‘Does landscape photography remain encoded within the language of academic painting and the traditions of landscape art which developed during the 18th and 19th Centuries’? (Clarke, 1997, p.55)
In this session, participants are encouraged to consider a historical relationship between painting and photography in the context of thier own landscape environment. They will consider ideas of the Picturesque and considerations are made as to how such visual mofifs may be culturally / visually reproduced to create a myth of the constructed land as a rural arcadia – as it is transformed into a land-scape.
Participants are encouraged to independently research the Pictorialist movement in photography and the work of Peter Henry Emerson
‘A ‘landscape’, whether cultivated or wild, is already artifice before it becomes the subject of a work of art. Even when we simply look, we are already shaping and interpreting…Landscape pictures will breed landscape pictures.’ (Andrews, 1999, p.1)
‘There is no such thing as an un-photographed or un-photographable subject. It is for us to determine a subjects significance, knowing it must have one, for the artist has photographed it and thereby designated it as significant.’ (Cotton, 2014, p.115)
This is an adaptable session in which participants will explore the idea that banal/mundane subject matter can be made extraordinary merely by the act of photographing it. It encourages participants to ‘look’ at the world around them, explore the role of aesthetics, framing, vantage point and depth of field, and investigate the idea of ‘photographic seeing’ as the world is transformed / constructed into an image.
‘To photograph is to confer importance. There is probably no subject that cannot be beautified; moreover, there is no way to suppress the tendency inherent in all photographs to accord value to their subjects’ (Sontag, 1977, p.28)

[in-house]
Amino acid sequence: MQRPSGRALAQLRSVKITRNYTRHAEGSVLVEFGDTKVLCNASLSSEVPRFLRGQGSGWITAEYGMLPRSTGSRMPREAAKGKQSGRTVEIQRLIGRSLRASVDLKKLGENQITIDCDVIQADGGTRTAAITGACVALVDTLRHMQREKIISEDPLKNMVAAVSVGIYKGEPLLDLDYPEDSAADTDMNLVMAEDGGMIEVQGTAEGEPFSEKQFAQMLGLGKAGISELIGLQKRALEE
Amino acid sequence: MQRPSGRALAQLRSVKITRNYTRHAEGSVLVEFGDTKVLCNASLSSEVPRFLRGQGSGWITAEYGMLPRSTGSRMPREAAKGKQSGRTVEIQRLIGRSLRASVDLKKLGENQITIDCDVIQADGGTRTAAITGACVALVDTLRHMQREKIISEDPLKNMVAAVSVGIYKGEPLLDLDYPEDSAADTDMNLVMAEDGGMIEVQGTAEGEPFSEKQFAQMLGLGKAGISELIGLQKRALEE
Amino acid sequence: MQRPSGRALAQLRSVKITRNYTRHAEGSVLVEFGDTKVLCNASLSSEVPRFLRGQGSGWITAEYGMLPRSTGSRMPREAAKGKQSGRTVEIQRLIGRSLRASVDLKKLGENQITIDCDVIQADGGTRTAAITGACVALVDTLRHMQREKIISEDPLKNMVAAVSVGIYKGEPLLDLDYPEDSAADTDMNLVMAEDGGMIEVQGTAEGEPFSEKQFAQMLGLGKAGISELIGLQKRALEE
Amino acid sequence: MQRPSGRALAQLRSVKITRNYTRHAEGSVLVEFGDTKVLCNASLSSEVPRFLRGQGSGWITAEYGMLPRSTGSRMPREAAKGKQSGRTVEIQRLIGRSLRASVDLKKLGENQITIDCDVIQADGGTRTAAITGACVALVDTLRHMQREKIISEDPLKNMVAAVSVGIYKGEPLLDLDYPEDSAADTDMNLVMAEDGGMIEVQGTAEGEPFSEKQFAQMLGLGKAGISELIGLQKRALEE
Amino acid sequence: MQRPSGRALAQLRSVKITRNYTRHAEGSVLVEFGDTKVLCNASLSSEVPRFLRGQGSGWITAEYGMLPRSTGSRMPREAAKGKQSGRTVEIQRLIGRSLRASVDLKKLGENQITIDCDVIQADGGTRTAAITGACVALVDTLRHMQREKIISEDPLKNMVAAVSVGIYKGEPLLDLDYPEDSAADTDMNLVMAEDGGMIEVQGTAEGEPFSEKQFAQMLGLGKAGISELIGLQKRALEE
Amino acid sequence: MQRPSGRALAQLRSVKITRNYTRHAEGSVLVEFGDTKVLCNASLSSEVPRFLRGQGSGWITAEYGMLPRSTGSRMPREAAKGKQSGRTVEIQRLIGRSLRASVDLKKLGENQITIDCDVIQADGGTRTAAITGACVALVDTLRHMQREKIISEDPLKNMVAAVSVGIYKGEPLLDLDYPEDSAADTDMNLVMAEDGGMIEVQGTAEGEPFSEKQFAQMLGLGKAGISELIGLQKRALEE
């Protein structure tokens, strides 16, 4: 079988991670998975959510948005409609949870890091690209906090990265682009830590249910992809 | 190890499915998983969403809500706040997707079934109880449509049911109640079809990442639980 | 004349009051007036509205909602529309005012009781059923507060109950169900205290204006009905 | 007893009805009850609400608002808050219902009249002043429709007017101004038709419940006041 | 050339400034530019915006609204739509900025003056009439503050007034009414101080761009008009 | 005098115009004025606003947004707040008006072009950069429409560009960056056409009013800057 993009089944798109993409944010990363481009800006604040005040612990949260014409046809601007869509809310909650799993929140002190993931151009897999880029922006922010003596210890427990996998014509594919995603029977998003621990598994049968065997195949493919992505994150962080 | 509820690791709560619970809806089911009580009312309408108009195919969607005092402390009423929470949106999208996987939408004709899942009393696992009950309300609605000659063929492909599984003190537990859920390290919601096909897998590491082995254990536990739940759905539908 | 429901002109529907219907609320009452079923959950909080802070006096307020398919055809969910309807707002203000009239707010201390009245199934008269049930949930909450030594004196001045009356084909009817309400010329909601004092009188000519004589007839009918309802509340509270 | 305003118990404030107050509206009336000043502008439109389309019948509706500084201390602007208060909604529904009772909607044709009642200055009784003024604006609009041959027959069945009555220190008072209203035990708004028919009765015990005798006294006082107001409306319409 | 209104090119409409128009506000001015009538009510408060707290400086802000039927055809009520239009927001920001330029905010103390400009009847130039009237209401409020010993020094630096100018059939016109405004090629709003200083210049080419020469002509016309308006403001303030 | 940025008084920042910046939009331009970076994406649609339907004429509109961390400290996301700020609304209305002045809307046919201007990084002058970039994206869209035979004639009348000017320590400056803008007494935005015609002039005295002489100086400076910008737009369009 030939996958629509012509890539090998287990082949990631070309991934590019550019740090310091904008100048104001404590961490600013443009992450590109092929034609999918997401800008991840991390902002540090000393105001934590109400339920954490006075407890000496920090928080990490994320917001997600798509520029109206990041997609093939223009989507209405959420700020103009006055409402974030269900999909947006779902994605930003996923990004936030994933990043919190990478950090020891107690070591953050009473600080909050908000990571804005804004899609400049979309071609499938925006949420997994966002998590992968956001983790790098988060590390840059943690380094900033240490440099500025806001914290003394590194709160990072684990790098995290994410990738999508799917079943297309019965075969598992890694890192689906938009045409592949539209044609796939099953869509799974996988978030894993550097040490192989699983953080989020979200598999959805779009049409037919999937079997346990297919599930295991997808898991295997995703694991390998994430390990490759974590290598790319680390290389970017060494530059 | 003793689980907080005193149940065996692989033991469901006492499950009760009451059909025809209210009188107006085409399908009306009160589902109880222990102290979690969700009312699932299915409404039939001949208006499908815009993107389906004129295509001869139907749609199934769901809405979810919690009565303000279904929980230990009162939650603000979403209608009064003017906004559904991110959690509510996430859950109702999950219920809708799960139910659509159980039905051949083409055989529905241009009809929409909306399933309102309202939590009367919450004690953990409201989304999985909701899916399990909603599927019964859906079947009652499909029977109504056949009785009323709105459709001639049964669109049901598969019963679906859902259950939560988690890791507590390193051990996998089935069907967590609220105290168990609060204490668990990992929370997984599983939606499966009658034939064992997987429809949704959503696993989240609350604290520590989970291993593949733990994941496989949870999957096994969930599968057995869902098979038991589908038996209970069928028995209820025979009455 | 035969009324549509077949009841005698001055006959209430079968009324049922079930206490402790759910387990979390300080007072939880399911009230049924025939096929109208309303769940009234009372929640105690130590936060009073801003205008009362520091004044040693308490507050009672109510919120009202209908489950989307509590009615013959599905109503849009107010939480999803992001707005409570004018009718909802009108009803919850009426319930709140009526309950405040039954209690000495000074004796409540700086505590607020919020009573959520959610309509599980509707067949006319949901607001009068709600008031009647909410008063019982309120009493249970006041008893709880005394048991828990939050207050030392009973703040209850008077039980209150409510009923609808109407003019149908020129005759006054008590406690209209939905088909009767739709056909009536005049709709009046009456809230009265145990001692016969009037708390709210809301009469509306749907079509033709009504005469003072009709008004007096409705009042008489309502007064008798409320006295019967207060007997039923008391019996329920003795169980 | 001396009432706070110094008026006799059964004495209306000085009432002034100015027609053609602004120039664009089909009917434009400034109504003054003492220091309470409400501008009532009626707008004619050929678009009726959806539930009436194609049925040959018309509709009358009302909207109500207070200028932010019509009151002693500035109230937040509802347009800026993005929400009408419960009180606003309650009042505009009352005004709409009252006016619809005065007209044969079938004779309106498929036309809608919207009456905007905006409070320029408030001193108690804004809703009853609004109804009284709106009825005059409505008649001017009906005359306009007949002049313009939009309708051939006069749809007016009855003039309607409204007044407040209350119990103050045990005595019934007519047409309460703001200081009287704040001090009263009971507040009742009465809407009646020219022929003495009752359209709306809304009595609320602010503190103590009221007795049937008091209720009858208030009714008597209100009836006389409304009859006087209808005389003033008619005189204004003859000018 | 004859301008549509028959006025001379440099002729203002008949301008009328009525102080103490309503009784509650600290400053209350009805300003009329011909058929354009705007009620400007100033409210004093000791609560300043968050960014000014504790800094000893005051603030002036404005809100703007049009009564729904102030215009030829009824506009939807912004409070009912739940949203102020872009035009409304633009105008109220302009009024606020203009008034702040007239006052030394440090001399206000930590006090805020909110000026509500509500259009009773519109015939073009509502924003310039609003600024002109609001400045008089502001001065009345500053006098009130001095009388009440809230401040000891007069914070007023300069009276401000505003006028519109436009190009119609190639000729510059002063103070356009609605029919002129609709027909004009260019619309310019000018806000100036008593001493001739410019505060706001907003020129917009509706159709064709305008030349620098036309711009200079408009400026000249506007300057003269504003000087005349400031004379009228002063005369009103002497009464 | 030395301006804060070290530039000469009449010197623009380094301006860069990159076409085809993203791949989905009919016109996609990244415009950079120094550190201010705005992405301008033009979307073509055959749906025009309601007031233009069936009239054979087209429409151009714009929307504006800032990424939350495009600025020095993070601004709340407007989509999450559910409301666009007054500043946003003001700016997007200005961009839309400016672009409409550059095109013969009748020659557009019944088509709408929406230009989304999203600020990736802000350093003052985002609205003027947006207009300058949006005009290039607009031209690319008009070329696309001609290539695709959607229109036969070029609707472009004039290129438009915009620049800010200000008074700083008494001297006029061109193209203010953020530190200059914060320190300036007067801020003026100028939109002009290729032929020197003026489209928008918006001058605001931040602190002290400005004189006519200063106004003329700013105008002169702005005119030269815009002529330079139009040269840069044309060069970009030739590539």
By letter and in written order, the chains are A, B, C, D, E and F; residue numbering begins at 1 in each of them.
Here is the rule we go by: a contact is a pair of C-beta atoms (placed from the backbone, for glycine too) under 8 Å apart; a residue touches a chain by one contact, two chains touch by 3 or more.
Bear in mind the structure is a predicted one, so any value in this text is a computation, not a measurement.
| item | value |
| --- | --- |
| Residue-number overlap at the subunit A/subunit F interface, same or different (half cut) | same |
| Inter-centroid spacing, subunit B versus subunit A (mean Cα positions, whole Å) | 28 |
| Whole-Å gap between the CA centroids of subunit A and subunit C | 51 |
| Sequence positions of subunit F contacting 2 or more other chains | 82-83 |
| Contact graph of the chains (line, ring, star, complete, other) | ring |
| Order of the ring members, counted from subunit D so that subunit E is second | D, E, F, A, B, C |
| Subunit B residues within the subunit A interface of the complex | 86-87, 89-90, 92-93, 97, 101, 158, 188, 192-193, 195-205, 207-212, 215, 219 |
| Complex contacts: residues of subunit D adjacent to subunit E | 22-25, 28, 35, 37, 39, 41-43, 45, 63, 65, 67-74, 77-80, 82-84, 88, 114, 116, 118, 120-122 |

‘The Fact that the banal image points towards its own status as object suggests that the aesthetics of the banal be approached not just in terms of what we read in the image, but of how we read it.’ (Shinkle, 2004, p.175)
Aims & Outcomes:
For participants to visually explore the nature of a ‘photographic’ way of seeing and framing the world around them
For participants to produce 5 (edited) images which visually / aesthetically transform and change the objects / scenes they have photographed
For participants to conduct in depth research on the work of Peter Fraser and apply these ideas to thier practice.
*This session works best when participants are encouraged to really ‘look’ at the world around them rather than construct or interfere with the scene.
Participant Outcome: 5 6×4 digital prints
Research: the work of Peter fraser:
You will need:
Digital cameras for all participants (and appropriate memory cards) *This session can also be run using camera phones or Lumix cameras
Access to computers (or laptops)
An introductory brief & Presentation (below) for participants to outline the ideas and provide examples
A booked room to critique participants work (either via a projector or via print)
Blue tack to pin the work
Costings and Risk Assessments
Presentation ideas: Looking at the overlooked
Ask participants to watch the Peter Fraser (2013) Tate Shots interview which can be accessed here
Ask participants if they have thier own digital cameras and cards
Make sure you have access to computers
Make sure there are enough team members to support participants (never assume thier prior knowledge)
Decide whether you will project the work or print it.
If you are printing it (6×4) make sure the Photo Lab are aware and be aware of timekeeping so they have space to print the work.
*If you are running this session off campus, make sure there is access to printers or projectors
Suggested Session Outline:
Ask participants what they think most boring objects / scenes they can think of.
Deliver presentation / brief and encourage discussion and debate
In small groups investigate the local area and encourage visual exploration of banaal objects and scenes
Encourage participants not to interfere with the object / scene but to try to show it in a ‘new way’ through the act of photographing it.
Download and edit final images (5 per participant) *have a break here to give good time to print these physically or organise a slideshow